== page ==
Blog post

Supporting mental health during and after the COVID-19 emergency

A forward view: A second crisis in mental health isn’t inevitable, but it's managed is of concern to both providers and commissioners.
Sean Duggan OBE, Phil Moore

29 April 2020

There has been a lot of discussion by NHS leaders in the mental health sector and professionals working in mental health services about the impact of COVID-19 on people’s mental health, both during the current crisis and in the longer term Sean Duggan, chief executive of the Mental Health Network and Dr Phil Moore, chair of NHSCC’s Mental Health Commissioners Network elaborate on these concerns. 

It is anticipated that there will be an increase in demand for mental health services once we are over the current emergency and we begin to see the effects of the pandemic and lockdown measures on people with existing mental health problems, NHS and social care staff, and the public generally,

As a society we are experiencing bereavement without being able to grieve properly and anxieties about the current situation including money worries, how to manage living in isolation and the loneliness this brings.

For some, lockdown will mean being in lockdown with an abuser – this can take several forms and includes domestic violence and child abuse. We need to be supporting our frontline staff - NHS, social services, police, fire and others – who are encountering tough situations, often not only at work but also in their personal lives.

A second ‘crisis’ in mental health isn’t necessarily inevitable, but how we manage this is of concern to both providers and commissioners alike. 

Accessing support

There have been changes in referral patterns to Improving Access to Psychological Therapies (IAPT) programme and children and young people’s mental health services. One crucial message that we need to get out loud and clear is that mental health services are still open for business. The Chief Medical Officer said very strongly at a daily briefing that “if patients have a medical emergency, the NHS is still open for business” and that people should access services if they need to. This includes mental health services. Accessing help and support might look different as services are increasingly delivered by digital means, such as teleconferencing, and services’ capacity to respond to demand may change depending on staff sickness and redeployment to help with the coronavirus response.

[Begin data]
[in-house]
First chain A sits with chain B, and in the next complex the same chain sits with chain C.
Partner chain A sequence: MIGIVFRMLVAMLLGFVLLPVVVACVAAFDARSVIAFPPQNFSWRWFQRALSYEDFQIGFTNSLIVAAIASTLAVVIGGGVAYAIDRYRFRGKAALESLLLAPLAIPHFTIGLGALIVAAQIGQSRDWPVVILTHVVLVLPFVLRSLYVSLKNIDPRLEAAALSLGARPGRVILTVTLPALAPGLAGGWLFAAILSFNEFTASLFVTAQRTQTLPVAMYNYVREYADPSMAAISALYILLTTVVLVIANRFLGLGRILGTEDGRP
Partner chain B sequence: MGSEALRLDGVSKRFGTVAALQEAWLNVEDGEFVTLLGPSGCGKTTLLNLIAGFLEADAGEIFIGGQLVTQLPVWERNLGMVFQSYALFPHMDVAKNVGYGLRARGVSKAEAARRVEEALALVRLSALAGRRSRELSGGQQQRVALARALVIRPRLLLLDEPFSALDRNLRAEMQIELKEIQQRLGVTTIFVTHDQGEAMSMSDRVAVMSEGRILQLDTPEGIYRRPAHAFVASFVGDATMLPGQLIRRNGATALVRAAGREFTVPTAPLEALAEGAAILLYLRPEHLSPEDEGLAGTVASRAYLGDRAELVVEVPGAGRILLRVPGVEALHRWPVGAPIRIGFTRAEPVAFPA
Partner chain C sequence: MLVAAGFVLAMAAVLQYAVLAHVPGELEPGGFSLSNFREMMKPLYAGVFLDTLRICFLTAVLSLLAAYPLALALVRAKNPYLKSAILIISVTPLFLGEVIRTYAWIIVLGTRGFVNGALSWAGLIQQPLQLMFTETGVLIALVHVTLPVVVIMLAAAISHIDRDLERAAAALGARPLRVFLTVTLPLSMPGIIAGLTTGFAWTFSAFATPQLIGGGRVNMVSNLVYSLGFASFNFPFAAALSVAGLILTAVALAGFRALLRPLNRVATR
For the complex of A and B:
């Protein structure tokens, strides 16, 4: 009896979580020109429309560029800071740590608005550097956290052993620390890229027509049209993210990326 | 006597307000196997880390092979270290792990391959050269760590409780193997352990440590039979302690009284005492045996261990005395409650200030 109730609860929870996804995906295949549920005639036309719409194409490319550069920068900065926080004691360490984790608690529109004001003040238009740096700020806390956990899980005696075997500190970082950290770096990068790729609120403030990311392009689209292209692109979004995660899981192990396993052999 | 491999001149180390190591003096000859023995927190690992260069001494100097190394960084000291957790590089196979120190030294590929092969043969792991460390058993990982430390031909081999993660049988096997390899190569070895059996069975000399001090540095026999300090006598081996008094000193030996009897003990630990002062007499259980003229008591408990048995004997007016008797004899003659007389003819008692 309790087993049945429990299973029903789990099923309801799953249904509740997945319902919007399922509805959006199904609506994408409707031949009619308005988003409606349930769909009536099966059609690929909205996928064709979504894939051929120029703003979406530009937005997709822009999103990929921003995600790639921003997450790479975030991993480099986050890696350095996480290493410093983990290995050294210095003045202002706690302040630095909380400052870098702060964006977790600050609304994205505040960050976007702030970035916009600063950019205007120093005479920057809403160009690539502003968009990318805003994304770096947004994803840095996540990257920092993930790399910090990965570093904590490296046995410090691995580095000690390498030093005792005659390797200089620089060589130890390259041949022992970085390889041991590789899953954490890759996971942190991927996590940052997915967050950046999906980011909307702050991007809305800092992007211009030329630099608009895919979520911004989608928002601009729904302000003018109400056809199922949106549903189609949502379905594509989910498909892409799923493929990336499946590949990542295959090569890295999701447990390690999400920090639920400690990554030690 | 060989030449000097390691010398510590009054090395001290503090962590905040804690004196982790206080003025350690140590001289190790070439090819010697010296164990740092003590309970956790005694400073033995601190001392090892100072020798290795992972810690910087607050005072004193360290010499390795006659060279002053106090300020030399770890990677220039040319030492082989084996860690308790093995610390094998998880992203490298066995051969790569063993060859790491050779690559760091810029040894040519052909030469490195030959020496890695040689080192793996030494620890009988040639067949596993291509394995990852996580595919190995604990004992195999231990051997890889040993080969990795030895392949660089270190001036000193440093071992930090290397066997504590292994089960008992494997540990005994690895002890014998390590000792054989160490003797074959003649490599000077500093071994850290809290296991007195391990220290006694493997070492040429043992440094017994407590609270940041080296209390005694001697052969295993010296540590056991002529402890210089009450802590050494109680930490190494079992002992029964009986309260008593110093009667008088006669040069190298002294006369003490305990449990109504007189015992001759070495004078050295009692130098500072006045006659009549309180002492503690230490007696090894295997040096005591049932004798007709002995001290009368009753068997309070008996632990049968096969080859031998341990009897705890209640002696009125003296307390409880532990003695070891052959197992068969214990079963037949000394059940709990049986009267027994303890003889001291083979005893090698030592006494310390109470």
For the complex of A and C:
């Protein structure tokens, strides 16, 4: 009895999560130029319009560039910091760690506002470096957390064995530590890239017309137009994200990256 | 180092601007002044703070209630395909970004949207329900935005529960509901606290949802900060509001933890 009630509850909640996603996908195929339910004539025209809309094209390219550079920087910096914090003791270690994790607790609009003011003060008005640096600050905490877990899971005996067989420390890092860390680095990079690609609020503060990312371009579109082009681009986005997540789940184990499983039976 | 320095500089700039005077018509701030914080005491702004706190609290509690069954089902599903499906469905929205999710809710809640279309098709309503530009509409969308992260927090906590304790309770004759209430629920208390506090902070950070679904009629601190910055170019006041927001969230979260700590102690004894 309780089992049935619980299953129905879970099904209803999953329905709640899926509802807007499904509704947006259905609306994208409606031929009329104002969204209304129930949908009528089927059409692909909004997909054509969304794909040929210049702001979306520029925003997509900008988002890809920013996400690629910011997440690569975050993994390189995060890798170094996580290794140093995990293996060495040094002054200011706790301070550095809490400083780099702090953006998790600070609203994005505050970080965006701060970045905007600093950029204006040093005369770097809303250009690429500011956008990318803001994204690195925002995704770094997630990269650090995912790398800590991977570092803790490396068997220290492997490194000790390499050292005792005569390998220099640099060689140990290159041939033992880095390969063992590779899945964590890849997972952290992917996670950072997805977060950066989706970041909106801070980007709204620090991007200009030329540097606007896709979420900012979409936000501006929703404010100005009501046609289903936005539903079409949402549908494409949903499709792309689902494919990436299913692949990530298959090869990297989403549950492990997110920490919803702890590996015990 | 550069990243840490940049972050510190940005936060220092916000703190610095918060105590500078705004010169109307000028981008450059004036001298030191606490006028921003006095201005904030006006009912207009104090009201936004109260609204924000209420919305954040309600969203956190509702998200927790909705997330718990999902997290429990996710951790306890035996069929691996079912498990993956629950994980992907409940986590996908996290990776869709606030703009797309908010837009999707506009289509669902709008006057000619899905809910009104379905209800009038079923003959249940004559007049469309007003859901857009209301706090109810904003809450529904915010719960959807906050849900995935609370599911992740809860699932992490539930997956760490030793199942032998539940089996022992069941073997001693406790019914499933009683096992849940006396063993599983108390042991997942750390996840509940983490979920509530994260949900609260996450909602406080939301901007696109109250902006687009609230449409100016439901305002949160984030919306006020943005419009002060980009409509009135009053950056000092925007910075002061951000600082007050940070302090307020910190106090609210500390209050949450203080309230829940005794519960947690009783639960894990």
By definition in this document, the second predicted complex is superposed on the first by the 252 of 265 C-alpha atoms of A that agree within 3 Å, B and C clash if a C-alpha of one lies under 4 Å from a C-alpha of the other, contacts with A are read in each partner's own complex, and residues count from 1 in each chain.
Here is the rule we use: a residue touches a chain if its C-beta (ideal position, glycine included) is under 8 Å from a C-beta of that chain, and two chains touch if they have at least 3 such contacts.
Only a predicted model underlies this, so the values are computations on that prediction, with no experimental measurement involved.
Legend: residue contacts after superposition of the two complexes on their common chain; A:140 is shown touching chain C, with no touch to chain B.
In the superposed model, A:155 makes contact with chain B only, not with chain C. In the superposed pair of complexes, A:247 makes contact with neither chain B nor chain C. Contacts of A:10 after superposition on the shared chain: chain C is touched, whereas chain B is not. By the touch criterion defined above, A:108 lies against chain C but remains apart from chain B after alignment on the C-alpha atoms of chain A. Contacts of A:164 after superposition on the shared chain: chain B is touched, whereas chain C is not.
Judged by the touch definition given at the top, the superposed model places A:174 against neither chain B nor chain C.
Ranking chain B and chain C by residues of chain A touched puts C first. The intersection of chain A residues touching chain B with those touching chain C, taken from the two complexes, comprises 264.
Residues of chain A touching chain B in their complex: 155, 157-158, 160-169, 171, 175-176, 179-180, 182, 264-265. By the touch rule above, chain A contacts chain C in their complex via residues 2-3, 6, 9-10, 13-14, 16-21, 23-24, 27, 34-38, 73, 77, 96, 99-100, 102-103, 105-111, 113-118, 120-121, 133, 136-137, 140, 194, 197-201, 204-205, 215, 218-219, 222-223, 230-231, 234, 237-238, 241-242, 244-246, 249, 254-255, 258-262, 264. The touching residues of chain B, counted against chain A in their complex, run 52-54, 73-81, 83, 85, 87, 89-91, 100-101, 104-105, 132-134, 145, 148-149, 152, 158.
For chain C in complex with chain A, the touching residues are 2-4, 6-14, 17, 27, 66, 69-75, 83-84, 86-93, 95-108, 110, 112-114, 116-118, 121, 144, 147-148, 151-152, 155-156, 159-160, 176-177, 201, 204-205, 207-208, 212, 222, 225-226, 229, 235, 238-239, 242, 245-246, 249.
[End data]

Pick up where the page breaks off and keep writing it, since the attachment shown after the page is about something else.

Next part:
NHS England and NHS Improvement has issued guidance about which elements of the NHS Long Term Plan and what services should be put on hold, and interestingly what should be brought forward. Systems have been asked to implement 24/7 mental health crisis care phone lines for all ages as soon as possible. This was previously not due to launch until March 2021. This will help ensure that people experiencing mental health crisis won’t necessarily have to go to A&E, which is helpful in normal circumstances, but is even more important now.  

The mental health of frontline workers also needs supporting. It is essential and there are a number of schemes, being put in place and will be needed long after the pandemic

Multi-sector provision

The provision of mental health services during COVID-19 is still multi-setting and multi-sector. Community mental health services are vital and the role of voluntary and community sector (VCS) and social enterprises in providing mental health support is now more important than ever. The government has announced an additional £5 million of emergency funding for the third sector, which will be administered by the charity Mind guidance has been published on how to apply. Guidance is also available for commissioners and providers about revised arrangements on managing contracts and payments for NHS and non-NHS organisations operating on standard NHS contracts during the COVID-19 pandemic.

Social enterprises, especially those delivering digital services are stepping up as well. Thalamos, who provides software to help clinicians make Mental Health Act assessments digitally, has given free access at point of use to all clinicians. Mental Health Network member, Healios, has also given young people free access to its ThinkNinja app.

Children and young people

Once children and young people return to school, it will be essential to step up the mental health support available to them. There is already work in progress such as the development of mental health support teams, and the Link Programme, a national project led locally by clinical commissioning groups, which aims to improve relationships between schools and children and young people’s mental health services. In the meantime, there are concerns that children are generally presenting later with both medical and mental health problems as parents are reluctant to expose them to places that are perceived to be high risk for COVID-19.

Looking to the future

It is expected that there will be a spike in mental health problems as a result of COVID-19. As well as focusing on the current crisis, we need to think about how we can cope during the recovery period. Systems should hold on to and refine some of the improvements seen over the last few months, such as online consultations, while also seeking to build a service provision in response to the new normal. These innovations will need to be appropriately funded and delivered in partnerships across the entire health system with input from acute, primary and community providers.

Sean Duggan is chief executive at the Mental Health Network

Dr Phil Moore is chair of NHSCC’s Mental Health Commissioners Network.